#bevy #ascii #terminal


A simple terminal for rendering ascii in bevy

12 releases (5 breaking)

new 0.6.0 Sep 23, 2021
0.5.6 Sep 8, 2021
0.4.0 Sep 3, 2021
0.3.2 Sep 3, 2021
0.1.0 Sep 1, 2021

#55 in Game dev

Download history 81/week @ 2021-08-29 70/week @ 2021-09-05 1/week @ 2021-09-12 27/week @ 2021-09-19

56 downloads per month

MIT license

1.5K SLoC

A simple ascii terminal integrated into bevy's ecs framework.

What Is It

bevy_ascii_terminal is a utility to easily render colorful ascii in bevy. It was made with "traditional roguelikes" in mind, but should serve effectively as a simple, no fuss UI tool if needed. The API is designed to be as simple and straightforward as possible.

What Can It Do

It can set a single tile or group of tiles to any ascii character that's been mapped, and can set foreground and background colors per tile.

As far as what it can render, it currently supports a fixed size tileset and by default expects a code page 437 layout on the textures, though this can be changed via a configuration file. There are plenty more fonts available around the internet, and changing fonts is as simple as setting a string.


This project is fully integrated with bevy and depends on it for rendering.

While not a direct dependency, I would highly recommend importing bevy_pixel_camera when you use this terminal. Bevy's default camera isn't set up to properly handle scaling up very low resolution pixel art (like terminal glyphs) without noticable artifacts due to pixels being misaligned. All the examples from this crate use bevy_pixel_camera.

Getting Started

Include bevy_ascii_terminal as a dependency in your Cargo.toml, then add the plugin and spawn a bundle with a camera:

fn spawn_terminal(mut commands: Commands) {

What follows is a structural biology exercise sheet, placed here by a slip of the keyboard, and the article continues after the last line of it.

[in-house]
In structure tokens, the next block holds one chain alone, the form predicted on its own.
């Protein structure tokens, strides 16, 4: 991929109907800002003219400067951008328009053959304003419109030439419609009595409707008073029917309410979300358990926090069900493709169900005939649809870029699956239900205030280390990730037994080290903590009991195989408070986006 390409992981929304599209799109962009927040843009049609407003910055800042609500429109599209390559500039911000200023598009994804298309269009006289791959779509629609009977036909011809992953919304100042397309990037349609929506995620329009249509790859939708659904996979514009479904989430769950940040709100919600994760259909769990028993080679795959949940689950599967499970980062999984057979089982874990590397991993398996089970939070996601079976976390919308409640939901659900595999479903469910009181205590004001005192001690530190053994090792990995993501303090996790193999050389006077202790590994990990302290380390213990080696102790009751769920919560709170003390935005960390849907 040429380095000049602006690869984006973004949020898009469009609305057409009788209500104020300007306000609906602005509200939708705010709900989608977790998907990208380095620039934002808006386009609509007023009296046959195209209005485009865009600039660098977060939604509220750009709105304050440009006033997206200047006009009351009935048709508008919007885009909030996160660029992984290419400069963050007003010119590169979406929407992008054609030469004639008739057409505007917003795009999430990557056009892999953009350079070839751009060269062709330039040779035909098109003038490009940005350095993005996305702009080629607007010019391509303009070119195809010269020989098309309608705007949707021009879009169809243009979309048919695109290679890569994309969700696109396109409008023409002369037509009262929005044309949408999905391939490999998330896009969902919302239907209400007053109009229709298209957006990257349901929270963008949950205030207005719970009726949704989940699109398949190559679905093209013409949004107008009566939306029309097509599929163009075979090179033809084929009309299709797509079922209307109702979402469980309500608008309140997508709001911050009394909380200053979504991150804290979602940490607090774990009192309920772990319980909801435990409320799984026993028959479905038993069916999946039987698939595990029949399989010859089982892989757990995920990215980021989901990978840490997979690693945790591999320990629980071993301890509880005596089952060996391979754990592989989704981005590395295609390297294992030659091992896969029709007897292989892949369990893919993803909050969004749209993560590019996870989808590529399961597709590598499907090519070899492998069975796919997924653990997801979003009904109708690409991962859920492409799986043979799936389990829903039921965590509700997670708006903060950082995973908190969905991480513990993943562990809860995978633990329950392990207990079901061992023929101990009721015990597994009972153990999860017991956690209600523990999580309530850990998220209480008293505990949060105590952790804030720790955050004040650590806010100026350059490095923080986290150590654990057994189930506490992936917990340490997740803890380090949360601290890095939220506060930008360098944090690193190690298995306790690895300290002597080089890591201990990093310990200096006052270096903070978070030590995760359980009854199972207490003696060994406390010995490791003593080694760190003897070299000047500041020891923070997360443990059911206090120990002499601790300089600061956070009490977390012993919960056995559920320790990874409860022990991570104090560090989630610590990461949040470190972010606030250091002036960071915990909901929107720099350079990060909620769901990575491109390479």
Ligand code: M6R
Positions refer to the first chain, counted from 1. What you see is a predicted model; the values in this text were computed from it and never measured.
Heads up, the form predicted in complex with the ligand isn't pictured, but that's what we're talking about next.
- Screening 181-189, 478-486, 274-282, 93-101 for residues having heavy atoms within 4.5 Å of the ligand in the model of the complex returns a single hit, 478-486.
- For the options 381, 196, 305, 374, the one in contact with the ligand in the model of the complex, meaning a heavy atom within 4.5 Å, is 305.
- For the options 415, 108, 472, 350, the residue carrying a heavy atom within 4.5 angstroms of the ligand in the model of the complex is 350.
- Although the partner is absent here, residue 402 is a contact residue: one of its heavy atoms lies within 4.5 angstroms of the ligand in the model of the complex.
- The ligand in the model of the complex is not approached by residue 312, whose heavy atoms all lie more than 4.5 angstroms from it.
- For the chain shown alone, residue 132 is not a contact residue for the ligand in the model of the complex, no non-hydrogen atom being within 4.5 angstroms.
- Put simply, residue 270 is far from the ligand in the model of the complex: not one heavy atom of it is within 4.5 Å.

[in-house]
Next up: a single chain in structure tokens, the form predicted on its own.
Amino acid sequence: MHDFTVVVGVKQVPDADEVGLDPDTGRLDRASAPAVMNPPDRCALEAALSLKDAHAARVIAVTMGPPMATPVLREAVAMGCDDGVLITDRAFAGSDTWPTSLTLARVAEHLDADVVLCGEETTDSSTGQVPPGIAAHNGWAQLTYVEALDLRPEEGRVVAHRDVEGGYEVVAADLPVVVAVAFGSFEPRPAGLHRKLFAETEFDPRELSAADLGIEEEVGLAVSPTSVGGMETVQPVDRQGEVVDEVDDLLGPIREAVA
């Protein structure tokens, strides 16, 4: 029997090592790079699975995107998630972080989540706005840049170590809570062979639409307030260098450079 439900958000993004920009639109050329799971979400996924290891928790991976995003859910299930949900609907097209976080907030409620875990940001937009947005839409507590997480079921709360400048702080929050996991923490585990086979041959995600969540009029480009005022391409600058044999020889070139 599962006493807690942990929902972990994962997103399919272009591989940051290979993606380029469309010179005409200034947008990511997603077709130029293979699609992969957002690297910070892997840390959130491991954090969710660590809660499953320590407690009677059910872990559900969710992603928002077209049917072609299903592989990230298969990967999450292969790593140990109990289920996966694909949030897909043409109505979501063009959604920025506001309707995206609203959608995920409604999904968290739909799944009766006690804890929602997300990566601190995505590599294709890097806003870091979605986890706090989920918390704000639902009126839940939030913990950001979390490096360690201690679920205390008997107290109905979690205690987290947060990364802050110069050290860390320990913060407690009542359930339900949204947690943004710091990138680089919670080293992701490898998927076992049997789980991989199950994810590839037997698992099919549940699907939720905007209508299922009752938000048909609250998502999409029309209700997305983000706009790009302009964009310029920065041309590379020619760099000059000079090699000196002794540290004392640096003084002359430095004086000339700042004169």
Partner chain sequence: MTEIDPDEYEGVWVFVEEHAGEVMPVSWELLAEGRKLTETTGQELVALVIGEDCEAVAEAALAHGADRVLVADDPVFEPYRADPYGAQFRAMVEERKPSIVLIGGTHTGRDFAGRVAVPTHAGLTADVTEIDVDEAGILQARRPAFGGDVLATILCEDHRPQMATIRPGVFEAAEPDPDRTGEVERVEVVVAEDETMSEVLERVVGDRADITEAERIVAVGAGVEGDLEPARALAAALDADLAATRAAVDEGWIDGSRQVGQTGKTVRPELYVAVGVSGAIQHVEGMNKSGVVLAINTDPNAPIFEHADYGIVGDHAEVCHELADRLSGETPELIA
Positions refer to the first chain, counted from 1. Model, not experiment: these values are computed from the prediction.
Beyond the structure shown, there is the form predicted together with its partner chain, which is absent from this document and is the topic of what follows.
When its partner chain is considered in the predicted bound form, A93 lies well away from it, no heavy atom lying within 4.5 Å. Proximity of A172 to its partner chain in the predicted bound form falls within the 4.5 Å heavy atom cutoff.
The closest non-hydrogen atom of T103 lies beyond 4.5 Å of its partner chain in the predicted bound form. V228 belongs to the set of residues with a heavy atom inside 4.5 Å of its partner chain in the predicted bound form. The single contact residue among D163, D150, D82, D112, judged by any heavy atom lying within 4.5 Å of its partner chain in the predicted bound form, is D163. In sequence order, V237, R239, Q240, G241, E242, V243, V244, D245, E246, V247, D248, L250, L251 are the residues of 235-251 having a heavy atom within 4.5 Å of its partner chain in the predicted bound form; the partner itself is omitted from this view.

let (w, h) = (80, 25);
    let mut term_bundle = TerminalBundle::with_size(w, h);
    term_bundle.terminal.put_string(1,1, "Hello, world!");

    // 8 is the size of the default terminal font. This setting 
    // will ensure the camera scales up the viewport so the 
    // terminal takes up as much space as possible on the screen
    // given it's current size, while still remaining pixel-perfect
        w as i32 * 8, 
        h as i32 * 8,

fn main() {

And that's it. You can write to the terminal when you create it, or from a query:

fn write_to_terminal(mut q: Query<&mut Terminal>) {
    let term = q.single_mut().unwrap();
    term.put_char(1,1, '');
    term.put_string(2,1, "451");

You can check the examples for more.

Note: For all terminal functions the y coordinate is flipped in the terminal, so put_char(0,0,'x') refers to the top left corner of the terminal, and put_char(width - 1, height - 1, 'x') refers to the bottom right corner. This was done because the terminal is meant to display readable text from left to right, top to bottom.

Changing Fonts

The terminal comes with several fonts built in, or you could find one online or make one yourself. If you add a font you must put it in the "assets/textures" folder. To load a font you just need to modify the TerminalFont component attached to the terminal:

fn change_font(
    keys: Res<Input<KeyCode>>,
    mut q: Query<&mut TerminalRendererFont>,
) {
    if keys.just_pressed(KeyCode::Space) {
        for mut font in q.iter_mut() {
            font.font_name = FONT_TAFFER_10X10.name.to_string();
            font.clip_color = Color::BLACK;

Assuming the name you set is a valid filename from the built in fonts or your own "assets/textures" folder, the terminal will swap to the new font. Notice the clip_color field above - this refers to the "background" color of the texture. The shader will swap this color out for whatever background color you set for a given tile in the terminal. For the included fonts this can remain at the default black. Many fonts you'll find online use magenta as the background color.

Other Features

There are several other components you can modify to alter how the terminal is drawn. To name a few:

Transform: The terminal is a normal bevy entity, you can move and transform it at will.

TerminalTileScaling: Alters how tiles are sized when building the mesh.

TerminalPivot: Determines how the terminal mesh is aligned. Defaults to (0.5,0.5) which will nicely center the terminal mesh regardless of size.

TilePivot: Similar to TerminalPivot but for tiles - this defaults to (0.0,0.0), so a tile's bottom left corner sits on the pivot.


This is my first real rust project - I'm open to any and all feedback and suggestions, particularly with regards to improving the api or project structure. Thanks!


~218K SLoC